Campaign grows to block Harris appointment


Donegal County Council has passed a motion calling on the Minister for Justice to cancel the appointment of a new head of the 26 County police because of his previous links to British intelligence agencies and his role in shutting down an investigation into state collusion with loyalist paramilitaries.

Notorious senior RUC/PSNI figure Drew Harris (pictured, left) was named as the new Garda Commissioner by Minister for Justice Charlie Flanagan earlier this month.

His appointment came despite a Belfast High Court judgment which found that his decision to shut down an investigation into the activities of the Glenanne gang, the North’s largest loyalist paramilitary death squad, was inconsistent with basic human rights obligations.

The gang, which operated mostly in Armagh and Tyrone, has been blamed for more than 100 killings during the 1970s and 1980s. Drew Harris was in charge of legacy investigations in the PSNI when the probe by the force’s Historical Enquiries Team was halted without explanation.

Last year’s High Court judgment prompted the victims’ support groups to call for Harris to resign from his then role as Deputy Chief of the PSNI. Incredibly, he is now set to officially take up his new role as Garda Commissioner in early September.

Victims of the conflict have accused Harris of being part of an organisation that refused to release files that show collusion with state assassins -- including notorious serial killer ‘The Jackal’.

Harris was also the PSNI chief in charge of the investigation that saw Gerry Adams infamously arrested and interrogated in 2014, before being released after four days.

Stephen Travers, whose three fellow band members were killed by the Glenanne gang in 1975, said: “There is something seriously wrong with this appointment. It has done terrible damage to the confidence of Nationalists and Unionists who are looking for truth.

“They didn’t get it in the North and the very person who was part of an organisation that didn’t give it to them is coming down south.”

Mr Travers said after years of delay in accessing police files, a ‘Public Interest Immunity Certificate’ was being used to hide information on Jackson -- “perhaps the greatest mass murderer in our history”.

Loughinisland massacre survivor Colm Smyth added: “We have all suffered the same inability to get information -- at every step of the process.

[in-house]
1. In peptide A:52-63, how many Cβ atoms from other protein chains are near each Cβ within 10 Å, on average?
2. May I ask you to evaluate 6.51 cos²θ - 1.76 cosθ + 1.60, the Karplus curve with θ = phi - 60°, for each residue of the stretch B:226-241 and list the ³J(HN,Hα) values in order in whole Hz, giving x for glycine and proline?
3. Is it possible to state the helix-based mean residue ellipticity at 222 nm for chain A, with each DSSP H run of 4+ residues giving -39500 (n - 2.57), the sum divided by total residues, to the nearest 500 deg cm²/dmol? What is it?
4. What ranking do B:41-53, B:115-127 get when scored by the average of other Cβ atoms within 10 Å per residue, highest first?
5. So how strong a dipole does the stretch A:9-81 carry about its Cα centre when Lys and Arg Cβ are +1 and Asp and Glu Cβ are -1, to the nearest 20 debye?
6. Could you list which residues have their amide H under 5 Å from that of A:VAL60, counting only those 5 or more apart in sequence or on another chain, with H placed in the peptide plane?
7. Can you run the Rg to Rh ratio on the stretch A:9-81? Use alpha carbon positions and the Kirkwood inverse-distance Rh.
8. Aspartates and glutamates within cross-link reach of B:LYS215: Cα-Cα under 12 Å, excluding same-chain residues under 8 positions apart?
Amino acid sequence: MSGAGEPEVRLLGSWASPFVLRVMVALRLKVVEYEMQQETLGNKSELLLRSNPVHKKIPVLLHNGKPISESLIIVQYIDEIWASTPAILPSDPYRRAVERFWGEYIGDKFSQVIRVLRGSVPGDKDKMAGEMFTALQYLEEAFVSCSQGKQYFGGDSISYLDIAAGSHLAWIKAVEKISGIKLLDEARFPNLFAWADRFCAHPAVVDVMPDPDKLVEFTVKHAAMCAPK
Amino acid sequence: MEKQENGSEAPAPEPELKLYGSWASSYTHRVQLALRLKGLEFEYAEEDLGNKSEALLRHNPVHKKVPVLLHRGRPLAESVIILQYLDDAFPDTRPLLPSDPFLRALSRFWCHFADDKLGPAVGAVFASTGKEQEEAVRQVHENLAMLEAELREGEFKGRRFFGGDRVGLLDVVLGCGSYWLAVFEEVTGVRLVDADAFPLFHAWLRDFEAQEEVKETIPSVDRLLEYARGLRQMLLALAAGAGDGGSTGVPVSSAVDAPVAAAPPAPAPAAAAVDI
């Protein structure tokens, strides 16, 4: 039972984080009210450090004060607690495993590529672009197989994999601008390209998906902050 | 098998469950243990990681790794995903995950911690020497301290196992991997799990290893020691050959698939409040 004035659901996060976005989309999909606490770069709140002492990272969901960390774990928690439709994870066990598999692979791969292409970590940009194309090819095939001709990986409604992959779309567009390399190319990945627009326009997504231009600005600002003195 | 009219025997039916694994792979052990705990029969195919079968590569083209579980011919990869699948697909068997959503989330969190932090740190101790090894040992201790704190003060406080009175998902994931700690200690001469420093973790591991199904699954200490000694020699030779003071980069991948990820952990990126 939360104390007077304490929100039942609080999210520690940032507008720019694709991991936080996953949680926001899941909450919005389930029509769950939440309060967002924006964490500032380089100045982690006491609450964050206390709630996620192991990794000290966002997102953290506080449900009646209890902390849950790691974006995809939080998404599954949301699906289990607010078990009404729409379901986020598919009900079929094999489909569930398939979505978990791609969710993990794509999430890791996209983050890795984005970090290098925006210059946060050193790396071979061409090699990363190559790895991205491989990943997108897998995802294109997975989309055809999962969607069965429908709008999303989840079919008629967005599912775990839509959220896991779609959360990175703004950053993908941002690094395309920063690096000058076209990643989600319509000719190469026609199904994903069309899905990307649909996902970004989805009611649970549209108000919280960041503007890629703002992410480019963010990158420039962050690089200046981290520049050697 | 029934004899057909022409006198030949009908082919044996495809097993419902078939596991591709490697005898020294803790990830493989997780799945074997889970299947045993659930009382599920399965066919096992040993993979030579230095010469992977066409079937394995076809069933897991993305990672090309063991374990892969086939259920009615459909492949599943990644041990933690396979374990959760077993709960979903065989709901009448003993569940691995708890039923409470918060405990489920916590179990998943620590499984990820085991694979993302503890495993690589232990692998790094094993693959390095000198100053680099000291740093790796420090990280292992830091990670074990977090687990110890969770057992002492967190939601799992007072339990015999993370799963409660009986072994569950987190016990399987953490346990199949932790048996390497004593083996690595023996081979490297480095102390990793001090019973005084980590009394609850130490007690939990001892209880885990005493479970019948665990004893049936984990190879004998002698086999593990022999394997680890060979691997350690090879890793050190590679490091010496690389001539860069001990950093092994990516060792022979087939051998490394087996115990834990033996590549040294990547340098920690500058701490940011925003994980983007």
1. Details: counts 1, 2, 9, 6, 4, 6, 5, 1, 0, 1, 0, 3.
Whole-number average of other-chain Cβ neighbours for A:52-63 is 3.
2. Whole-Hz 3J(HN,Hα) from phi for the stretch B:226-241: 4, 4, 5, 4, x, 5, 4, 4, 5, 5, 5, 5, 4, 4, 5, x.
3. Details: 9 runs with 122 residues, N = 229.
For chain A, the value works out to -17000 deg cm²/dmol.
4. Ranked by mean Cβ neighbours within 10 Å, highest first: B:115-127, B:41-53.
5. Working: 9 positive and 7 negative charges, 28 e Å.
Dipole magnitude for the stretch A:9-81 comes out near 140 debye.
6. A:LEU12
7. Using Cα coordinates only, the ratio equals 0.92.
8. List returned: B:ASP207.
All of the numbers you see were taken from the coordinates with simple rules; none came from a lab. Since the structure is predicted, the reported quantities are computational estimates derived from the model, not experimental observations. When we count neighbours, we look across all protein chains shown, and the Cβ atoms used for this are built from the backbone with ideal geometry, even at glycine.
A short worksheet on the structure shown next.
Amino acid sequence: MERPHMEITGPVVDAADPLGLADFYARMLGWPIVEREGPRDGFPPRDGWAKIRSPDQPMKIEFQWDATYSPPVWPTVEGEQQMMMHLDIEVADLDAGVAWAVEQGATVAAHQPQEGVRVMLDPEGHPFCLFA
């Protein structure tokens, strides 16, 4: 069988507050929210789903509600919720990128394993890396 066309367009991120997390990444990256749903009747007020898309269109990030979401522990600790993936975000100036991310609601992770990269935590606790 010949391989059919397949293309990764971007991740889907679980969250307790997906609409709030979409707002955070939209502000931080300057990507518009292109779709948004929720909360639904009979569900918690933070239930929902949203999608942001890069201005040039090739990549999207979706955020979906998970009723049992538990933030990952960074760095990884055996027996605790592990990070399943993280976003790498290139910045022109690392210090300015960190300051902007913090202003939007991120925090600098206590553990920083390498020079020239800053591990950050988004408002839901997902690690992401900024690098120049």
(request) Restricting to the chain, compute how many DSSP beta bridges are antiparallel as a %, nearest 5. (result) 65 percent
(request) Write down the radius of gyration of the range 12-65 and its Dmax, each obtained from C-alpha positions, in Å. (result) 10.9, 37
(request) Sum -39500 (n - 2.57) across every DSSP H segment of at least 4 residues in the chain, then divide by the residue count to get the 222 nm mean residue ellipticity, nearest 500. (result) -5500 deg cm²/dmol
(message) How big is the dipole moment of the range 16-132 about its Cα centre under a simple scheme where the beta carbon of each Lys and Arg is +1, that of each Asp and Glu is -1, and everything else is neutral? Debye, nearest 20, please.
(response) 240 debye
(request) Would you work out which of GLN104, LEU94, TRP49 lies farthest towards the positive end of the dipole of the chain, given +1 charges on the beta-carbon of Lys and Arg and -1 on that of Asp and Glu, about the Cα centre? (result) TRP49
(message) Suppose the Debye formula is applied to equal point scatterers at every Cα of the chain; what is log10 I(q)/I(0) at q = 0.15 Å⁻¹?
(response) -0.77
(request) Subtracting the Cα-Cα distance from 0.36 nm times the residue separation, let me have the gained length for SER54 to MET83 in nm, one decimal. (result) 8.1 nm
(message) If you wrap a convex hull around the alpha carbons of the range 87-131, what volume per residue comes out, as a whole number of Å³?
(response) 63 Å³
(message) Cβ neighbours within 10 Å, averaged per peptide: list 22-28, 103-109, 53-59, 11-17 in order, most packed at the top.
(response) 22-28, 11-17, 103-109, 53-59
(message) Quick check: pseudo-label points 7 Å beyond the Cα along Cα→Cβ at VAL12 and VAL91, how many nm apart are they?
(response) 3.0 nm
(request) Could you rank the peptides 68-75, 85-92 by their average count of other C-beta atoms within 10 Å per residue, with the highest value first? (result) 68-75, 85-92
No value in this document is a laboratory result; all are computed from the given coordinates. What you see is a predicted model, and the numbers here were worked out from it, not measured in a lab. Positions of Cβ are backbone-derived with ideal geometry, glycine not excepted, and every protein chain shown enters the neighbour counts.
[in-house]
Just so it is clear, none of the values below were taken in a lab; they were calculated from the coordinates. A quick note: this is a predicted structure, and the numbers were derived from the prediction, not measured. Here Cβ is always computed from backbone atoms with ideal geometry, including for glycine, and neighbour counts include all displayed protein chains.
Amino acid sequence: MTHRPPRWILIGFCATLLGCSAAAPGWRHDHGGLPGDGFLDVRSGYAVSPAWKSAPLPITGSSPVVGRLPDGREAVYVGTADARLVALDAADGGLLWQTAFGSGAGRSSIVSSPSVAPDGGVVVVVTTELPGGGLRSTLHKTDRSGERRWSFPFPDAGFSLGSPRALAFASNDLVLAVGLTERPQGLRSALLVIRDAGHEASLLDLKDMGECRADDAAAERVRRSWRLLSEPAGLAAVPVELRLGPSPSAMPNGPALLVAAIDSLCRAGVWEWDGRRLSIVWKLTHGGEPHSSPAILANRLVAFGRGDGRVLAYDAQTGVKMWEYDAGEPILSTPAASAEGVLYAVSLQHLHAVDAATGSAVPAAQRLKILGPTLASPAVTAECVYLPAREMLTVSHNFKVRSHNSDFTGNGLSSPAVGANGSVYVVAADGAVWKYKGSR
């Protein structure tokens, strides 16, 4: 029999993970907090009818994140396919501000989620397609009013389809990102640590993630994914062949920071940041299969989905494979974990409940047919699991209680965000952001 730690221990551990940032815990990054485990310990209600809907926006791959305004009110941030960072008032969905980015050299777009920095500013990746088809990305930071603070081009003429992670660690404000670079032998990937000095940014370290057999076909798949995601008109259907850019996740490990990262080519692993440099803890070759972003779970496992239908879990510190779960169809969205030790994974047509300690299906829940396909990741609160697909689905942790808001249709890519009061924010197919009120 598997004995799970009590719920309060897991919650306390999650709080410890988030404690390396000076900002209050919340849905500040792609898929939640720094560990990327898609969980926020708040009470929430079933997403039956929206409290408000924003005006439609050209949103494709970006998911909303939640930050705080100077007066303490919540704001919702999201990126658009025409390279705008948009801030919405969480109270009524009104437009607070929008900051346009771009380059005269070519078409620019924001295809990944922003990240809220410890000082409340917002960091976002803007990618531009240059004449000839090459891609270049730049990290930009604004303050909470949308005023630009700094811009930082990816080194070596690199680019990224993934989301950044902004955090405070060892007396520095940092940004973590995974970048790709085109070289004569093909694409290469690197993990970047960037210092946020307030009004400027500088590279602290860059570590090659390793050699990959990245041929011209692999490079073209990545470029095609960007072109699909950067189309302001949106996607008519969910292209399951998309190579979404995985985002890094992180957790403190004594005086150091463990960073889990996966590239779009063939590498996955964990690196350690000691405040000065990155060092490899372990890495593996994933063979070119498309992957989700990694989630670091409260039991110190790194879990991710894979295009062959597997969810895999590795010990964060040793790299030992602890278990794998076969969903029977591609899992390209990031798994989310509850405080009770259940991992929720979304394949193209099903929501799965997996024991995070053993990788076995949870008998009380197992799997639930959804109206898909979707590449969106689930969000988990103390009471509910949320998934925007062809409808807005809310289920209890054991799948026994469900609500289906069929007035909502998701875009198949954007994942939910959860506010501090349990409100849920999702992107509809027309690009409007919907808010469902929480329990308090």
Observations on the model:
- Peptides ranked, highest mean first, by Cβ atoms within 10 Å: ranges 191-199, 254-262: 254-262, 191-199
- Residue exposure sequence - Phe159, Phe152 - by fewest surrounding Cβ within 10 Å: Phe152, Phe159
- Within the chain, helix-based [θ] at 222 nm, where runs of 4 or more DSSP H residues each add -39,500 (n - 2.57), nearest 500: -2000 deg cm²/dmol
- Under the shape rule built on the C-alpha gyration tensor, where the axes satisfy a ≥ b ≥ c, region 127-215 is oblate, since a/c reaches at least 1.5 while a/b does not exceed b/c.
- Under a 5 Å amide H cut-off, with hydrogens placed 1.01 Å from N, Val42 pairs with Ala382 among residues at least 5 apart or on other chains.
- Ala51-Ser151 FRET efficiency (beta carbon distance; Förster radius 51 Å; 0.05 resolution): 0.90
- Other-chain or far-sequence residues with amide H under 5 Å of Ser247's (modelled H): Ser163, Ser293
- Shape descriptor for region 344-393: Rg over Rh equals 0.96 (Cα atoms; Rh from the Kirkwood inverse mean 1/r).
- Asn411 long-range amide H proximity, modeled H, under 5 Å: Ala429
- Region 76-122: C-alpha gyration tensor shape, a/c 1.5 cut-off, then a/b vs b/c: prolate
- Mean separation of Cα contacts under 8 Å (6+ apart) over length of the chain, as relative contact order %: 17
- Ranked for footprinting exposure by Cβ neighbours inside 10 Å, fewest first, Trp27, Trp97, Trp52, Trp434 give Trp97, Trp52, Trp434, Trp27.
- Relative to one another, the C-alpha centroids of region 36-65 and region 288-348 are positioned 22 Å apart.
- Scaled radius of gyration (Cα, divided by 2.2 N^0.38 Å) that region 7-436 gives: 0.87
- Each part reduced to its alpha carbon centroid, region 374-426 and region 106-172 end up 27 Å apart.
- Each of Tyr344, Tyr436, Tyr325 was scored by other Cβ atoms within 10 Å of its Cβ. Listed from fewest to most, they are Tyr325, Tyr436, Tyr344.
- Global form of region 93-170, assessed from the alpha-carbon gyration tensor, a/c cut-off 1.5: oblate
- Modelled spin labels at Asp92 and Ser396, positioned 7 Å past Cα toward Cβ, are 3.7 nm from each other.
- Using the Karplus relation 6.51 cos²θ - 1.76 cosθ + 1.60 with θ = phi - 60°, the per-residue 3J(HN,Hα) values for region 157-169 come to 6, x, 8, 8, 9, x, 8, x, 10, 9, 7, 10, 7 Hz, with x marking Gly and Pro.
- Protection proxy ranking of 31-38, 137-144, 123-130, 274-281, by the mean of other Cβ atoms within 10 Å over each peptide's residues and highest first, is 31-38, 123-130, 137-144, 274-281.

“Drew Harris is part of the top brass that took steps to make sure we don’t get access.

“And the longer that they keep the files hidden, eventually we all die off and there’s no one left to fight the fight.”

People Before Profit TD Brid Smith said that for the families of victims, “the appointment of Drew Harris is like sticking a knife in their backs”.

She called for the Minister and Mr Harris to attend a commemoration this week to mark the 43rd anniversary of the Miami Showband massacre and to meet the families.

She said there could be a court case arising from the failure to hand over documents and a possibility that Mr Harris “may be arrested and brought before the courts in the North to give evidence there in a court case”.

It is understood the matter was discussed during a meeting of the British-Irish Intergovrnmental Confereice in London this week.

But Minister Flanagan responded: “I’m not going to comment on any court decision in Northern Ireland any more than I would comment on any court decision here”.

He added: “I won’t be delaying the appointment of Mr Drew Harris nor indeed will the Government”.

However, a motion calling for Harris’s appointment to be cancelled was passed at a meeting of Donegal County Council on Monday, and it could mark the start of a campaign across the island. It was brought forward by Independent councillor Micheal Choilm Mac Giolla Easbuig (pictured, right) and seconded by Councillor Frank McBrearty Jnr.

“I didn’t expect it to pass. That to me clearly states that there’s huge concerns in relation to this appointment,” Councillor Mac Giolla Easbuig said.

The motion will now be circulated to all councils in the 26 counties and they will have to vote on it.

Mac Giolla Easbuig said he plans to hold public meetings to speak against the appointment in Dublin, Monaghan and Donegal.

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